PAF scores (measures of your assignment group contribution based on your feedback and that of your group members) will be released after the SPLAT deadline.
If you "pulled your weight" in the group work for the assignment, your PAF will be 1.0.
A PAF score of greater than 1.0 indicates that you are seen to have put in more than average, whilst scores of less than 0.8 indicate you will need to put more in future group work.
Students who have PAF scores greater than 1 will be allocated an individual mark greater than the mark allocated for their group assignment. Conversely, students who have a PAF score less than 1 will be allocated an individual mark less than the mark allocated for their group assignment. The group assignment mark for students with a PAF score of 1.0 will remain unchanged.
Note: If you do not give feedback, your group grades may remain the same or reduce but they will not increase.
Assessment 5: Final Exam (30%)
The purpose of the final exam is to assess your understanding of the concepts covered in this course. Specifically, the ability to utilise theories covered in this course to critically evaluate how planning, organising, leading and controlling organisational resources can be used to achieve an organisation's goals in an efficient and effective manner.
The exam will be 3 hours in length. Only topics 4 to 11 will be covered in this course and will be assessable in the final exam. As we have covered topics 1 to 3 in the mid-term test, these three topics will not be covered in the final exam.
The examination will be held during the scheduled exam period. The timing of the exam will be known when the Semester 1, 2022 examination timetable is released by the University.
As highlighted earlier, students are required to achieve a minimum of 45% of the marks in the final exam and an aggregate of 50% (exam + coursework grade) in order to be eligible to pass this course.
More information on the exam will be provided via the MyUni course website.
SubmissionTurnitin is a software used for checking and marking student assignments. For most of your courses, you will hand in your assignments via Turnitin, and the markers will give you feedback via Turnitin as well. Turnitin will also give you an originality report. This report will tell you how similar your writing is to other texts that can be found online and in other student assignments.
Getting an originality report from Turnitin before you hand in your assignment.
To access the tool, go to MyUni and find a course called Turnitin Originality Check. Enter this course and upload your assignment draft.
Your instructors will not see any drafts you submit there, and none of these drafts will be considered if you subsequently submit your edited and finalised assignment through Turnitin for marking within your course (if your instructor has enabled Turnitin assignment submission in your MyUni course).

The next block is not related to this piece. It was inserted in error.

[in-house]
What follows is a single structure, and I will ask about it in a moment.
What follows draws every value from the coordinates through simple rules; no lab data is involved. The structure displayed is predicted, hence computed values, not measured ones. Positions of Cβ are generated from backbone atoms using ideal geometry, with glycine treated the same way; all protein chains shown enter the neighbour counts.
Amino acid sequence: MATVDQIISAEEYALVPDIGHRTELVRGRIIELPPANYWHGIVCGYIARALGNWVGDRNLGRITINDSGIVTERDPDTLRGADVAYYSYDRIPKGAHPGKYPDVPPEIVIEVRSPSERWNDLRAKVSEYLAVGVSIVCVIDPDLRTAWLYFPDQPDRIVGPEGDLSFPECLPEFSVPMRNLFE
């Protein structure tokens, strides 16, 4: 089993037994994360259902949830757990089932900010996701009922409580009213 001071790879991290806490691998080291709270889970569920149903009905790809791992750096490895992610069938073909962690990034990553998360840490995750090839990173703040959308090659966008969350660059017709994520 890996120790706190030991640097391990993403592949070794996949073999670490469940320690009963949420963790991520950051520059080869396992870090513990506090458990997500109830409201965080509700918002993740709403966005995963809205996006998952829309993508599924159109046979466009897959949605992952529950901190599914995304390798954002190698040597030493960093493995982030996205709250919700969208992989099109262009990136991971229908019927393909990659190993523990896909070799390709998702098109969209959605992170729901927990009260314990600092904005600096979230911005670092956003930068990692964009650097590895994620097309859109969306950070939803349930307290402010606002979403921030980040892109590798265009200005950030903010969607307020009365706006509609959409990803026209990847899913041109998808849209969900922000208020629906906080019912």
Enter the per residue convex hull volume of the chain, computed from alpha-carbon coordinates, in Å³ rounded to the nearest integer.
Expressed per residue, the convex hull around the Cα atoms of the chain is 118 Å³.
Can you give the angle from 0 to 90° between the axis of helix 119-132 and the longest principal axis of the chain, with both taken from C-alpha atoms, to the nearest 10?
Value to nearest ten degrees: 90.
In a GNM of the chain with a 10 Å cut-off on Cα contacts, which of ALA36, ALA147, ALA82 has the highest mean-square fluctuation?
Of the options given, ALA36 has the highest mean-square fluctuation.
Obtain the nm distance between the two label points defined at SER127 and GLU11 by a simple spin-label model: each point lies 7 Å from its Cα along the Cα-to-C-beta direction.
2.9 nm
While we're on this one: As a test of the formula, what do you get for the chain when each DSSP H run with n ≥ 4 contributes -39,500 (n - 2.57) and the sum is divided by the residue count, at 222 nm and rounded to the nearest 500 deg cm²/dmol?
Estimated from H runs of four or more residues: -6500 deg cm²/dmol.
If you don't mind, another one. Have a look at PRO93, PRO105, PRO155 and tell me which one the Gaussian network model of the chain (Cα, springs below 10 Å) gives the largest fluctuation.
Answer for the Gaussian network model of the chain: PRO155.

You cannot submit your assignments for marking through the Turnitin self-assessment tool. You can only check your assignment drafts for originality.
If you have any questions about academic integrity, plagiarism, or the results you receive generated through the Turnitin originality report using the Turnitin self-assessment tool please visit us in the Writing Centre or email your questions to us.
Plagiarism is a serious violation of the Academic Integrity Policy. For more information on plagiarism, see https://www.adelaide.edu.au/writingcentre/resources/avoiding-plagiarism
To maintain a fair and equitable system for all students, you are expected to submit your group assignment by the due date. Students should start early on the group assignment so that foreseeable pressures like work or assessment for other courses do not delay you completing assignments for this course on time.
Please note that students must retain a copy of all assessments submitted. The group assignment should be submitted electronically using the link which will be made available on the MyUni course website. Through this process, your assignment will automatically generate a unique identifier, the relevant Assessment Rubric and a Turnitin similarity report. You can resubmit your assignment multiple times (with the same file name) until the due date: time, but note that it may take several hours for turnitin.com to generate your similarity report.
Note: A late assignment (without prior arrangement) will be penalised by a mark reduction for each day that it is late. Assignments that are submitted late will be penalised at 5% of the potential grade per day.
Grades for your performance in this course will be awarded in accordance with the following scheme:
M10 (Coursework Mark Scheme) Grade Mark Description FNS Fail No Submission F 1-49 Fail P 50-64 Pass C 65-74 Credit D 75-84 Distinction HD 85-100 High Distinction CN Continuing NFE No Formal Examination RP Result Pending
Further details of the grades/results can be obtained from Examinations.
Grade Descriptors are available which provide a general guide to the standard of work that is expected at each grade level. More information at Assessment for Coursework Programs.GRADE REVIEW/RECONSIDERATION